On the House side, they're still working their way through the bills on the calendar. And we're still waiting to see if they do a supplemental Rules meeting when they're done, meaning...will they meet to add more bills to the calendar. We're crossing our fingers that the relative calm of today's Crossover Day will not be shattered in the next couple of hours, and that everybody can go home at a reasonable time and without having to deal with any more crazy bills or backroom mauneuvers.

Day 30 - Crossover Madness 2: What's Austin Scott up to?

HB 225: This bill would require a person to be a Georgia resident in order to register voters in Georgia. That's right, it would be illegal for someone to come here as a volunteer to register voters. It's most likely a response to Obama's success using voter registration teams. The bill had been tabled in committee, giving us a brief sigh of relief. Then Monday we had heard it might be added as an amendment on the floor, and people were running all over to get the opposition together. The rumor that the bill would be resurrected was only half true. It turned out that the attempt to resurrect was not on the floor but in committee. Governmental Affairs Committee Chair, Rep. Austin Scott (R), briefly had HB 225 on his agenda, but when questioned about why the tabled bill was coming back up, he removed it from the agenda. That was Monday.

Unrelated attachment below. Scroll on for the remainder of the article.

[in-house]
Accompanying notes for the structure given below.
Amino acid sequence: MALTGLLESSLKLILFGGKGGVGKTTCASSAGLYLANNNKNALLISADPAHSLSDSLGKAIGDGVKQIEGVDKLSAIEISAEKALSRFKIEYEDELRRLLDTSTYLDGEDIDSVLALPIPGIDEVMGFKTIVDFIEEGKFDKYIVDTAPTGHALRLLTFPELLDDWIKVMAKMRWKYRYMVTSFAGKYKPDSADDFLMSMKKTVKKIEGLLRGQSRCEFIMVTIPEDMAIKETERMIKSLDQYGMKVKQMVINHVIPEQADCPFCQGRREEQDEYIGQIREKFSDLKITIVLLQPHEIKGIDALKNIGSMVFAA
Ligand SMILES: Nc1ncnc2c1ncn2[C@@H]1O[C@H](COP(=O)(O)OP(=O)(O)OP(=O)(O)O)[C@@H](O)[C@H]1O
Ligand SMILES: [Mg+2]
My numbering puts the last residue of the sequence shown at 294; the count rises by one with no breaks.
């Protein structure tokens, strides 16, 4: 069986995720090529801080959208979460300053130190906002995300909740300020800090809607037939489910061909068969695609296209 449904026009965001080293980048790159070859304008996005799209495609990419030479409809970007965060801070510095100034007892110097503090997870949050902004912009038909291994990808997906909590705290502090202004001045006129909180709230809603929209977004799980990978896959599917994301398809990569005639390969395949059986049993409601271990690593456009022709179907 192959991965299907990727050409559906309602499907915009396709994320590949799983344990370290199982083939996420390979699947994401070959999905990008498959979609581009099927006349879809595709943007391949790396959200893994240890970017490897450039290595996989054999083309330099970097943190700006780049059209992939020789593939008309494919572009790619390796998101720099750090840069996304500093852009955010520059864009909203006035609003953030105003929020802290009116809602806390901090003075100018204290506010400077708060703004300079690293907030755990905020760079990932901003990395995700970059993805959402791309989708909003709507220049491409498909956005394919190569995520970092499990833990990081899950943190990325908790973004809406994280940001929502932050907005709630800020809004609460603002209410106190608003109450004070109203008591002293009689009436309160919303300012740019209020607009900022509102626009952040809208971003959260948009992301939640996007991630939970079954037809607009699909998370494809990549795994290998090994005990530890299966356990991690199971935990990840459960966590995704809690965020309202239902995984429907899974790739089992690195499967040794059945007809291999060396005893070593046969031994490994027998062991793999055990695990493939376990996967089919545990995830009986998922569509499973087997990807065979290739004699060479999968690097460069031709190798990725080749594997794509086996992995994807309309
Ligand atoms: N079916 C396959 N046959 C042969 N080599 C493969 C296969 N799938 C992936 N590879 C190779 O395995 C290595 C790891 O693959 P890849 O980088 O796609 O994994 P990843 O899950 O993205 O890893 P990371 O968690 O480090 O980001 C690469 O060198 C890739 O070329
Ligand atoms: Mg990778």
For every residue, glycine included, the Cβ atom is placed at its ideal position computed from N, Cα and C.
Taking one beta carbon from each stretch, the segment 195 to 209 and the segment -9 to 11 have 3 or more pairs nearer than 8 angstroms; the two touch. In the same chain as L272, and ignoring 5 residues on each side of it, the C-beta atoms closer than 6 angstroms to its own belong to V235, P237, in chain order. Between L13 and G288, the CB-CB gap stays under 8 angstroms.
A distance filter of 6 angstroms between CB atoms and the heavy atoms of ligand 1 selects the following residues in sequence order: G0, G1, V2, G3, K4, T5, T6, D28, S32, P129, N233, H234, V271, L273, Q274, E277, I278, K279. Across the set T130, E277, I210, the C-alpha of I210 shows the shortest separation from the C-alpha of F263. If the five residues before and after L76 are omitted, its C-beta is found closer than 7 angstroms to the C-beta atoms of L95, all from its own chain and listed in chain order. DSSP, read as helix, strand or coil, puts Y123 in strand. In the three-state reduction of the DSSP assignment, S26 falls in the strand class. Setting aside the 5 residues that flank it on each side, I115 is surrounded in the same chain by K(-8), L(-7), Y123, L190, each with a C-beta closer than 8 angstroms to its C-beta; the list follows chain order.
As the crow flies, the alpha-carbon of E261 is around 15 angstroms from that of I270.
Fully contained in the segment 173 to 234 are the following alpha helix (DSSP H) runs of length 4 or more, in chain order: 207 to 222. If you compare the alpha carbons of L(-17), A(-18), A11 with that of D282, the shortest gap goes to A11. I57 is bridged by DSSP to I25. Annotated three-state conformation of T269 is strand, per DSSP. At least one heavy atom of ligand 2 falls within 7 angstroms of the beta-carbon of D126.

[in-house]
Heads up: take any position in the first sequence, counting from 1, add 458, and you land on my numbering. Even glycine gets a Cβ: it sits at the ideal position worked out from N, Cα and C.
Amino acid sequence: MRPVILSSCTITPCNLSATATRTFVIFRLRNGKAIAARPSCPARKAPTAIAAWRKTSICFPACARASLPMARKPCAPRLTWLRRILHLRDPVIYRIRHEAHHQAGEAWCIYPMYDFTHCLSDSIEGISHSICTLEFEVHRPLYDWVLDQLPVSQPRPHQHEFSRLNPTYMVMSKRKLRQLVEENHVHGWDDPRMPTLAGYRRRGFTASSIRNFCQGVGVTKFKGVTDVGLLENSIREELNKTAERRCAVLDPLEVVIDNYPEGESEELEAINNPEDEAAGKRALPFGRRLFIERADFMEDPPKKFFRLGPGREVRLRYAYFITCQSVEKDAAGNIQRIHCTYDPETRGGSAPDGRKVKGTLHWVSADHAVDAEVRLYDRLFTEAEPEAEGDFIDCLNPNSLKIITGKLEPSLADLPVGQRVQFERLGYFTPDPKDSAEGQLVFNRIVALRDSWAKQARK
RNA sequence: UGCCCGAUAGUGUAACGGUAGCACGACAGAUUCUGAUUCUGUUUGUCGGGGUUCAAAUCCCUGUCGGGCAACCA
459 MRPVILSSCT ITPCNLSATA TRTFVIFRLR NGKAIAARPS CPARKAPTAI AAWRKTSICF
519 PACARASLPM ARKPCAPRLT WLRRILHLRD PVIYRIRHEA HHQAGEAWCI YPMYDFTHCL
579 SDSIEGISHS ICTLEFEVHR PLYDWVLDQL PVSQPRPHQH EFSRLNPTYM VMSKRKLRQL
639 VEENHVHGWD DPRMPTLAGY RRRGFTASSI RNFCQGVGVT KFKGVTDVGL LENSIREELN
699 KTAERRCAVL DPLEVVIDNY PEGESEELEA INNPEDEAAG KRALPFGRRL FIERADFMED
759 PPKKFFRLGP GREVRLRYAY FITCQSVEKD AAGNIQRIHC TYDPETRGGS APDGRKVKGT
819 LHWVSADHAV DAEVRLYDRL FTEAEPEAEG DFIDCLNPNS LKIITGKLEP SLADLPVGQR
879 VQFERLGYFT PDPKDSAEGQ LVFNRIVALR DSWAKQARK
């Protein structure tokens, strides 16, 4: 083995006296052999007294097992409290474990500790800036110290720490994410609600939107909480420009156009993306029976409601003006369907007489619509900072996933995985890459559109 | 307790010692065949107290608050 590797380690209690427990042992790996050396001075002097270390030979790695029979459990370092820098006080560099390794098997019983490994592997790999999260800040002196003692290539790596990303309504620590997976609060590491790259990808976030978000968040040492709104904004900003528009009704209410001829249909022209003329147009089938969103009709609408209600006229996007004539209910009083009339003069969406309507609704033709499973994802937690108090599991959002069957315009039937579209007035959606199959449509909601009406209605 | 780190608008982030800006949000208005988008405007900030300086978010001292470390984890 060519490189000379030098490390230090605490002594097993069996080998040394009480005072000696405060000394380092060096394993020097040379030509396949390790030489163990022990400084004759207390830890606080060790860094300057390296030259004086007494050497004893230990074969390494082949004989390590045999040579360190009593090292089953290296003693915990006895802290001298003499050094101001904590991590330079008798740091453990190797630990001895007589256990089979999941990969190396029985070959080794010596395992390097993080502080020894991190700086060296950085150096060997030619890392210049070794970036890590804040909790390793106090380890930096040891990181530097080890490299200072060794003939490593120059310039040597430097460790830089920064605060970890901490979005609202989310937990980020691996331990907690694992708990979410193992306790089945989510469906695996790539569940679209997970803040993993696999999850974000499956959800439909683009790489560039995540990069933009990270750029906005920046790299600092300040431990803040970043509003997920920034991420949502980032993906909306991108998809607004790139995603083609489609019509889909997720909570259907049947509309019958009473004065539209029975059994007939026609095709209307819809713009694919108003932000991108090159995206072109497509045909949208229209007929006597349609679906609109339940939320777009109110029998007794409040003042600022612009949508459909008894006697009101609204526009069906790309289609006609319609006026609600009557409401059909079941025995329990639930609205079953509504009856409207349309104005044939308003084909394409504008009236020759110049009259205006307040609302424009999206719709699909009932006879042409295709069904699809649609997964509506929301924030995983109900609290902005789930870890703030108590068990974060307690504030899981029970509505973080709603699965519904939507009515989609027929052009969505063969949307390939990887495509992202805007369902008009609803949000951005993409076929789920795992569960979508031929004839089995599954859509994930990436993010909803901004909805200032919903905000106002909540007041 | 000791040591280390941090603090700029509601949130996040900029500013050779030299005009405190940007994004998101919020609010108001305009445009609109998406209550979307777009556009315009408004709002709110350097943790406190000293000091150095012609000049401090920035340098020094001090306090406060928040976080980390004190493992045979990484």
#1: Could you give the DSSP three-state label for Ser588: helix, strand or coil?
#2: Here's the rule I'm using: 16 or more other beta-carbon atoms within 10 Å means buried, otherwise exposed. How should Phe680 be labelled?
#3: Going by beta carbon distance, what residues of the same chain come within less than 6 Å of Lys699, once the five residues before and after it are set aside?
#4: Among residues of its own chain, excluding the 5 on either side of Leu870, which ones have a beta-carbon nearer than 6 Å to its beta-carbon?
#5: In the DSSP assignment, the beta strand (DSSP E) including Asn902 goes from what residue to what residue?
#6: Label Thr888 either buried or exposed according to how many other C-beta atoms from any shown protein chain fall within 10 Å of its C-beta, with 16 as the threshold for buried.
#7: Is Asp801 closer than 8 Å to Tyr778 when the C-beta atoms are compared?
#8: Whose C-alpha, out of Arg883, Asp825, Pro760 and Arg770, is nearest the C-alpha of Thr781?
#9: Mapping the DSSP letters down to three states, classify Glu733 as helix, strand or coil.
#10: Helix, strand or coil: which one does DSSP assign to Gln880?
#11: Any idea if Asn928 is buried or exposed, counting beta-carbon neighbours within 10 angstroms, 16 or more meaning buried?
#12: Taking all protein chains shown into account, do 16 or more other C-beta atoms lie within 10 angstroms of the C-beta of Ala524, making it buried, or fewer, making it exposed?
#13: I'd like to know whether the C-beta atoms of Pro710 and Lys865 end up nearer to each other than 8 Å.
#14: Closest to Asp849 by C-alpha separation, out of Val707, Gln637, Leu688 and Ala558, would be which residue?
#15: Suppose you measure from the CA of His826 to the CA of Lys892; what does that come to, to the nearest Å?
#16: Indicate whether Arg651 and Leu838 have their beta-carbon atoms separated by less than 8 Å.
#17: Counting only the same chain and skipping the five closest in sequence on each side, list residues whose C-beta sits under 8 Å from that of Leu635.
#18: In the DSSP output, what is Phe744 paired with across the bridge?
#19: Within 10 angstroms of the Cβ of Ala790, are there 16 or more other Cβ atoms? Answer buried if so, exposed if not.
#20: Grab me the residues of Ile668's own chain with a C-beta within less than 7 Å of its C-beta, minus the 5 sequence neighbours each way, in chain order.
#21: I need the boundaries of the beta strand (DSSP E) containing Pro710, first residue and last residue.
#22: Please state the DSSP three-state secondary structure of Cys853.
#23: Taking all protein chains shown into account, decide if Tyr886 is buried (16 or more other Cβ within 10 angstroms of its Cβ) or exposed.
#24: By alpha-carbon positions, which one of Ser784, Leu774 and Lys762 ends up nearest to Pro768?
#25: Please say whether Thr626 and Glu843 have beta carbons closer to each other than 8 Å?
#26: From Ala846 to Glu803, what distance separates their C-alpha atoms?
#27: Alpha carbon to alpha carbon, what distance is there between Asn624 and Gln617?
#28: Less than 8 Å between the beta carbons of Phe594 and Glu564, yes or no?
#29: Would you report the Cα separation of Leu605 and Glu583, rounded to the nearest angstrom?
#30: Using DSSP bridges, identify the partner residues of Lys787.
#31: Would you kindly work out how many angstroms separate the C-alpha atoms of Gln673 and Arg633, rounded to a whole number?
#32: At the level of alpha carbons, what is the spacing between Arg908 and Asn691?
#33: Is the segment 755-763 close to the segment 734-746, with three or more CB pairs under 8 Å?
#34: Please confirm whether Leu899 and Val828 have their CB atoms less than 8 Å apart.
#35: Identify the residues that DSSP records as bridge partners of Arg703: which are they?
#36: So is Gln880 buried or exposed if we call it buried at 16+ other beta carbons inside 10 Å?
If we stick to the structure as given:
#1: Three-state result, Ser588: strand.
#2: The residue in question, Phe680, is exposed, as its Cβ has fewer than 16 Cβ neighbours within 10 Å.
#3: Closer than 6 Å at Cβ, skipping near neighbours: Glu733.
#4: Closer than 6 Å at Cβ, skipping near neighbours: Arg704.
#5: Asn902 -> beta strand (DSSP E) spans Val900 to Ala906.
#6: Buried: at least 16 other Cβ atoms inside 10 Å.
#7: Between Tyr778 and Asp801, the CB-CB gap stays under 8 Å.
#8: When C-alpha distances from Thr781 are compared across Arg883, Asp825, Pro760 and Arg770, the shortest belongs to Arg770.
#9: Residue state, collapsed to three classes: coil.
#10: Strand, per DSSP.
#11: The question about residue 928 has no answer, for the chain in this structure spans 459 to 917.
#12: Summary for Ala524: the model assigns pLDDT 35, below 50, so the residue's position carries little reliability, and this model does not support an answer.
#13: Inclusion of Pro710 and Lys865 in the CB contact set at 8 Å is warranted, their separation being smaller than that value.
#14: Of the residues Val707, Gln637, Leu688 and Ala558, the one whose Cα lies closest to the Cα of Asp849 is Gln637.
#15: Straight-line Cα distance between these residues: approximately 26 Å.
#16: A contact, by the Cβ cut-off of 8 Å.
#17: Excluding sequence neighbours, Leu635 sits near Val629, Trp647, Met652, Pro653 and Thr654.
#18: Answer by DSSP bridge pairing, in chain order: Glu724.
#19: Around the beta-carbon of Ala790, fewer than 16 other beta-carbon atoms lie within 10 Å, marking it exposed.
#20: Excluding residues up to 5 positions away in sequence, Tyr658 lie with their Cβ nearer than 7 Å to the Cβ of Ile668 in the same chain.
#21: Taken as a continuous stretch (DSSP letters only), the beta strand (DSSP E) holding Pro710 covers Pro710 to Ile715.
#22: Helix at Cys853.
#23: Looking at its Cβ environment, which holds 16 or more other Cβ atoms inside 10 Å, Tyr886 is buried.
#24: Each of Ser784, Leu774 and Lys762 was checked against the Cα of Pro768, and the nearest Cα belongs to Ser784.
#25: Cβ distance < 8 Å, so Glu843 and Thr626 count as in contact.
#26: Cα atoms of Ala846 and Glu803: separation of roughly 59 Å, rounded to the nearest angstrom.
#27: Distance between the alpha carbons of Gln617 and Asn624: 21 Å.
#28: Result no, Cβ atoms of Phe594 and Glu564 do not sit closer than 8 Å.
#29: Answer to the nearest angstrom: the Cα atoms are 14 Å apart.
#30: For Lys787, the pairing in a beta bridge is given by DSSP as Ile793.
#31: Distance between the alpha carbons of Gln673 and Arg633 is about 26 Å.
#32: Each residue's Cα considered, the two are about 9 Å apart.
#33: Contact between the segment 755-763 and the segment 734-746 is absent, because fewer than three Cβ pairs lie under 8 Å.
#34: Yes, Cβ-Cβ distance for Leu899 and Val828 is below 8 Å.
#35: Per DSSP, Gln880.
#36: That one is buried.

So what happened yesterday...when the legislature wasn't even in session? Chairman Scott (also an announced candidate for Governor) held a committee meeting and started talking about the bill. He did not follow procedure and post a notice about the meeting on the House notice board. The meeting was at 11:00; we happened to notice at 11:30 that it was posted on the small board outside his office.

In the committee, he didn't even discuss taking it back off the table. He just started talking about it again. Both Republican and Democratic Committee members were clearly not much interested in passing the bill. Scott just said we're going to pass this bill.